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When is a GP not a GP? The “Othering” of new GP roles.

Paula Wright is a GP, educator and appraiser

Initially it was GPs who opted not to become partners who became ‘Other’. Making a positive choice to be a clinician without managing a business, owning premises, and employing staff was less worthy of respect, a ‘Non-principal.’1,2

Out of hours GPs have also been subject to ‘Othering’. Out of hours work, whilst attractive because of its flexibility  with clear boundaries  does, however, bring the challenge of managing urgent problems, sometimes without access to medical records, in the absence of long-term patient relationships. Despite being rated as higher ‘risk’ for indemnity, it is still viewed as an inferior form of general practice. Recently this skillset has been rebranded as ‘Urgent care,’ with dedicated courses, and is receiving the respect it deserves in managing unscheduled demand both out of hours and in hours, including working for 111 in England.3

Digital GP roles too have been treated with disdain, described as ‘Transactional,’ and consumerist, without continuity.4,5 However, these roles can include care to a registered NHS patient list care or a non-list-based service to private patients. The devil is in the detail. Some digital roles may be limited in scope for example in urgent care however increasingly digital roles provide the full scope (all ages, acute and chronic illness, and preventative care) just without the face-to-face contact.

Os the GP’s skill diminished because they weren’t the one to auscultate the chest and check oxygen saturations?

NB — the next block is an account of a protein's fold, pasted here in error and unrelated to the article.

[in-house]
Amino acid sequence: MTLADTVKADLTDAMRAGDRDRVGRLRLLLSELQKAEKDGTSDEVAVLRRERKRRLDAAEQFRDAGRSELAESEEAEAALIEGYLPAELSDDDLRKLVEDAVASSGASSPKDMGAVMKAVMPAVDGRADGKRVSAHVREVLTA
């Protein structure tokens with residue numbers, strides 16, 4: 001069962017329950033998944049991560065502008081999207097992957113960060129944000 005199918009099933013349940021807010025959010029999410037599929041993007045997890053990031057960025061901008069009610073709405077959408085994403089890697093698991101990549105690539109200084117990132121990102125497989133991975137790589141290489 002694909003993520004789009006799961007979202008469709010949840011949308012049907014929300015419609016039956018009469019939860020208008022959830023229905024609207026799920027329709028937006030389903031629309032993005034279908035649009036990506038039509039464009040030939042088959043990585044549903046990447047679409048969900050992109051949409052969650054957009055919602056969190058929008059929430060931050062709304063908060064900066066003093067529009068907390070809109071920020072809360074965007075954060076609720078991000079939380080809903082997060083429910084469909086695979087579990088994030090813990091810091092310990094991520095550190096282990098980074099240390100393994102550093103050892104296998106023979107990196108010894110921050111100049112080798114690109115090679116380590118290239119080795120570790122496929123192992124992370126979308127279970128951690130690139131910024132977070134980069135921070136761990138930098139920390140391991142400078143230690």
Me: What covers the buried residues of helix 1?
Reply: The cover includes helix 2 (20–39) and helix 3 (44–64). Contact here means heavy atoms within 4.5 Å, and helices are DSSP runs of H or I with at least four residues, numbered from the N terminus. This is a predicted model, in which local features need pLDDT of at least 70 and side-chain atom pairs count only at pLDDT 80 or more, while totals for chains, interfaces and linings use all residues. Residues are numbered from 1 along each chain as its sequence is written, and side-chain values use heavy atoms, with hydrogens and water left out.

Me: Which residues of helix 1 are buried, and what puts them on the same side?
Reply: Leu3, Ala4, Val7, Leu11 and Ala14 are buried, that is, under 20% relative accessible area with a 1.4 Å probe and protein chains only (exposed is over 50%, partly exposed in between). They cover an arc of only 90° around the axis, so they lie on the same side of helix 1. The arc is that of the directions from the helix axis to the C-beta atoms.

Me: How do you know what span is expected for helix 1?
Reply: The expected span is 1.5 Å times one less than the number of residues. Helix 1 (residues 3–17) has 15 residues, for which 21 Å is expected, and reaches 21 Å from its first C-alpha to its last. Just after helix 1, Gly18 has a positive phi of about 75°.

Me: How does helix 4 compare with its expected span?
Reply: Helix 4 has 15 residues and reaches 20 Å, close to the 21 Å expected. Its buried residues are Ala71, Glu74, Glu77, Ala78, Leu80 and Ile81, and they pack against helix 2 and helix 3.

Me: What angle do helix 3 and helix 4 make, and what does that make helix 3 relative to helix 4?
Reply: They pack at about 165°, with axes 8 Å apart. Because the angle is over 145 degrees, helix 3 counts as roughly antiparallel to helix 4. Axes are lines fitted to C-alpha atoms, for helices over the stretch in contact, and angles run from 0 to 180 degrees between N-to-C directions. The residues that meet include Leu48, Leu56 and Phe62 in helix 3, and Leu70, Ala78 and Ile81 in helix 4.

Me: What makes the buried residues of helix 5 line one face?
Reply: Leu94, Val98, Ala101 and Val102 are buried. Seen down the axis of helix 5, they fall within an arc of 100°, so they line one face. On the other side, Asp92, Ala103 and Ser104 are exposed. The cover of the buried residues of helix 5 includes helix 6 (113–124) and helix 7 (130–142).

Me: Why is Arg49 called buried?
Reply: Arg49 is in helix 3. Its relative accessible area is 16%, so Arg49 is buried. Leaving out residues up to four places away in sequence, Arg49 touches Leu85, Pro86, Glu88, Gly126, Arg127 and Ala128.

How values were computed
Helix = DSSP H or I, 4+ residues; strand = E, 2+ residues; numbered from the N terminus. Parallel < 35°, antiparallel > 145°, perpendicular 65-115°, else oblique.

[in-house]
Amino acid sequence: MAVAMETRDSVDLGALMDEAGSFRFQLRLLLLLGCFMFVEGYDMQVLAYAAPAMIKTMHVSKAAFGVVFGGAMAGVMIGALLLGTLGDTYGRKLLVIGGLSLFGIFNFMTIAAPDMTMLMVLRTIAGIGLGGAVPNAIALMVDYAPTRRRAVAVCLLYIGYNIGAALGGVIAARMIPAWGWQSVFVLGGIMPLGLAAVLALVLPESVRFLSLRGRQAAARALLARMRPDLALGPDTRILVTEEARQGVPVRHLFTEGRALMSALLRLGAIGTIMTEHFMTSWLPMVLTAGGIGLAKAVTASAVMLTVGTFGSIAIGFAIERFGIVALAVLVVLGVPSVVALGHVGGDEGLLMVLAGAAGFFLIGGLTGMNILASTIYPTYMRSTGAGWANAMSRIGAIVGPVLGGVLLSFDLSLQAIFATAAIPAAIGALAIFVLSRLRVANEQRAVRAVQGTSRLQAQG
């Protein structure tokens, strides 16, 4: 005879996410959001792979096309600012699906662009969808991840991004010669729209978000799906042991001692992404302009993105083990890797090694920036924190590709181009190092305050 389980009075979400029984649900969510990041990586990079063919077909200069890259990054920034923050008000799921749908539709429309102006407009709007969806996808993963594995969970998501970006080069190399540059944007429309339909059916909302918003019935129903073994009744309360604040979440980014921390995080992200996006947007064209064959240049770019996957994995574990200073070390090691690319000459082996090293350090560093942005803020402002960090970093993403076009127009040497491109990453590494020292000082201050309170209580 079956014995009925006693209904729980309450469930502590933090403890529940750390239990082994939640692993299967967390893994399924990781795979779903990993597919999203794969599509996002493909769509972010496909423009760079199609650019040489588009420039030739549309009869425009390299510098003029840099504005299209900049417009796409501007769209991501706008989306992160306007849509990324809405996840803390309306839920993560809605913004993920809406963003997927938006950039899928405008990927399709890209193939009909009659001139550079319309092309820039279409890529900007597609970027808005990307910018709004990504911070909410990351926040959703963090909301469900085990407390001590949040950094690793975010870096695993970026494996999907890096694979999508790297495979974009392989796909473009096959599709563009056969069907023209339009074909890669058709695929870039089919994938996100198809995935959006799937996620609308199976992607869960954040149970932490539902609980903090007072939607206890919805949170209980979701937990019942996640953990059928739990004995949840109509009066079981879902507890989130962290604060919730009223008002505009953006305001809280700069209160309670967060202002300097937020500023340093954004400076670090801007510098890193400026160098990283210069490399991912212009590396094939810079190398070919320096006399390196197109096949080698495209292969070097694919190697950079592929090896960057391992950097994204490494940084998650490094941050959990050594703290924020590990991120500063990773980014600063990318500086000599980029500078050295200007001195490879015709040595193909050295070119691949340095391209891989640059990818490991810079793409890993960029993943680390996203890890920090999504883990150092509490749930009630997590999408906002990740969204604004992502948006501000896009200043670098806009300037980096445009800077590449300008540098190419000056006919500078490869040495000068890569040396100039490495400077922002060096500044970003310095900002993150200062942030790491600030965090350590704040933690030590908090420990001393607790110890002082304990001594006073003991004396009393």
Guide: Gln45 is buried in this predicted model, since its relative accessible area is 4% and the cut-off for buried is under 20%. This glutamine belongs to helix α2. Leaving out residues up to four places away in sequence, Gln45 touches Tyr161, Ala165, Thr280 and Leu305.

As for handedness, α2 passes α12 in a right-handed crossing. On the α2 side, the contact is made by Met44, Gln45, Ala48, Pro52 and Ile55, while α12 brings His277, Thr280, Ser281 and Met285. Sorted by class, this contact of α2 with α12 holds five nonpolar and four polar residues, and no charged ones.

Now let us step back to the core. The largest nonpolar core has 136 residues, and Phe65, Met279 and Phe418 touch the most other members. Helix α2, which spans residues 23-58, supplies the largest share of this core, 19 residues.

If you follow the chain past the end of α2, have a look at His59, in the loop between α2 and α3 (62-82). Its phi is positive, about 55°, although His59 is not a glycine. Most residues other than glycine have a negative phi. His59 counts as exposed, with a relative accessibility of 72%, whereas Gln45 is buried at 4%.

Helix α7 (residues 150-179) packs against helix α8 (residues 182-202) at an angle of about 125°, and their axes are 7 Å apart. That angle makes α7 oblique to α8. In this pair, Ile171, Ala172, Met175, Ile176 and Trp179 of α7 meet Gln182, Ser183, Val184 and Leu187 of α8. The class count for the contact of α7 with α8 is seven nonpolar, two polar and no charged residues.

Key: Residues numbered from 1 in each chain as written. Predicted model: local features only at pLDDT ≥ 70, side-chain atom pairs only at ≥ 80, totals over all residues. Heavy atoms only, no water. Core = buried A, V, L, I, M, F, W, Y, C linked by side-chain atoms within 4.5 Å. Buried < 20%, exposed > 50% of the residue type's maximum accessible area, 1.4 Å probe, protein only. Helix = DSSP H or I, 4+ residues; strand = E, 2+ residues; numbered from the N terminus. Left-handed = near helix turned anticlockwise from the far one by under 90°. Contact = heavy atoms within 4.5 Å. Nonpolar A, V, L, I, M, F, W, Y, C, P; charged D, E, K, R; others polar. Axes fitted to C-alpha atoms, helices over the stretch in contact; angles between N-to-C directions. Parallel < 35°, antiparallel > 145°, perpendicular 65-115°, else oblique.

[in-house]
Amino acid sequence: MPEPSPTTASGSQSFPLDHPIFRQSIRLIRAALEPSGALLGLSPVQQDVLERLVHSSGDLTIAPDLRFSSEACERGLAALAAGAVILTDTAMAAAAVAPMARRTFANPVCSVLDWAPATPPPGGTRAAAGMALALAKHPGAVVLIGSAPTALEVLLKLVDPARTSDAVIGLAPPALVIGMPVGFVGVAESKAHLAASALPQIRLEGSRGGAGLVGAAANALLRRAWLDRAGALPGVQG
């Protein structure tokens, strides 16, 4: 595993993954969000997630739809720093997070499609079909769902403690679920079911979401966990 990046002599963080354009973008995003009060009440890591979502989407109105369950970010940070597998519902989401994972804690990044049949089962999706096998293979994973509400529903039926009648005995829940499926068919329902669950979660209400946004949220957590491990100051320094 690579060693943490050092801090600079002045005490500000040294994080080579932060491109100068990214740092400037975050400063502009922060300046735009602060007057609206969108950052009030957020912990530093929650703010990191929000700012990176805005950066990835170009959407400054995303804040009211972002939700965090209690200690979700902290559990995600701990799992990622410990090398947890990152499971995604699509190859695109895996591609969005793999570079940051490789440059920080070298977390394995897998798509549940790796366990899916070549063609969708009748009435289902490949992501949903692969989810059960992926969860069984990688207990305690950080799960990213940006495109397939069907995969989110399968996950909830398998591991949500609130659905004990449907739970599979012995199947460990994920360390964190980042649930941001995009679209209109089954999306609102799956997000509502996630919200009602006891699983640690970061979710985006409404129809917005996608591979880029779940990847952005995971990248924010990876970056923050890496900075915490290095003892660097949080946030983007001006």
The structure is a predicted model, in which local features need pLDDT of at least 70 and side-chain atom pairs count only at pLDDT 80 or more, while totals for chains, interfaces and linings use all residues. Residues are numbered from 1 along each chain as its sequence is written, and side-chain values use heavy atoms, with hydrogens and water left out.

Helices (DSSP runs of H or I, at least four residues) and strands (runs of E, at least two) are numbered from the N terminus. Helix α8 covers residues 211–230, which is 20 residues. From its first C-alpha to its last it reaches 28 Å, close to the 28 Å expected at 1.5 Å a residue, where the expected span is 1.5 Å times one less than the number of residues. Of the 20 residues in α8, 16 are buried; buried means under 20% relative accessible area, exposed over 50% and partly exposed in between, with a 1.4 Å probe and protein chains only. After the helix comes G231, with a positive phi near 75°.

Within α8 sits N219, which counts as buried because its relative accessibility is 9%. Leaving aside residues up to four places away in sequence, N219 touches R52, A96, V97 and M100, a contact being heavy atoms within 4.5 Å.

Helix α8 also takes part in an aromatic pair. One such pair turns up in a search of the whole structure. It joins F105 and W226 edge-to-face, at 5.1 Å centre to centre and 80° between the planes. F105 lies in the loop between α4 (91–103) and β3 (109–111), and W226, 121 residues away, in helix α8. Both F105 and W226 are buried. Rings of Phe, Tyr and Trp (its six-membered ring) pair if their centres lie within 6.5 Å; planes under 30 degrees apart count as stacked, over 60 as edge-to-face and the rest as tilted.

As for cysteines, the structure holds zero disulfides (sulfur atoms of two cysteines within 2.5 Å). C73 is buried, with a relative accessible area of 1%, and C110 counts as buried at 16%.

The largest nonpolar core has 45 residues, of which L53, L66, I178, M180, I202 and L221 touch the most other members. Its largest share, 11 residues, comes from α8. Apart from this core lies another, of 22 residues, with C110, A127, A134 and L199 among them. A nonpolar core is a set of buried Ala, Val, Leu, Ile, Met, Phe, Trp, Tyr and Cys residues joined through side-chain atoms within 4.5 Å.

Are these ‘Proper’ GPs? Should they be doing a set amount of face-to-face work? Increasingly examination findings may be provided by other members of the team (for example nurse practitioners or paramedics doing house calls). Is the GP’s skill diminished because they weren’t the one to auscultate the chest and check oxygen saturations? These allied health professionals (AHPs) can examine patients and contribute to management of cases managed under the overall supervision of GPs in both urgent care and scheduled care. The real challenge is in integrating the sources of information (history, examination, medical and social context) and making shared decisions which are safe in a health economy which is very under-resourced, with constantly evolving guidelines, standards, and pathways. It does not take long to refresh these examination skills but the ability to manage complexity, undifferentiated problems in an under-resourced and constantly evolving health system requires a much higher level of skill.6

UK -trained GPs working abroad are also being “Othered”. Most of these doctors plan to return eventually but our NHS seems to be doing its best to make this as hard as possible by encouraging them to resign from the performers list and expecting them to undergo the cumbersome return to practice scheme or Portfolio route if they return to the UK. Yet the regulations merely state that performers may be removed if have not performed GP services in the preceding 12 months.7 Some doctors are being asked to do an arbitrary set number of NHS sessions to retain their rights to stay on the performers list when they may work 200 or more clinical sessions abroad. For most hospital specialists returning from work abroad an induction to the new workplace is all that is usually required or indeed offered.8

Appraisers and responsible Officers can find it difficult to keep up with the diversifying range of GP portfolios they have not had personal experience of.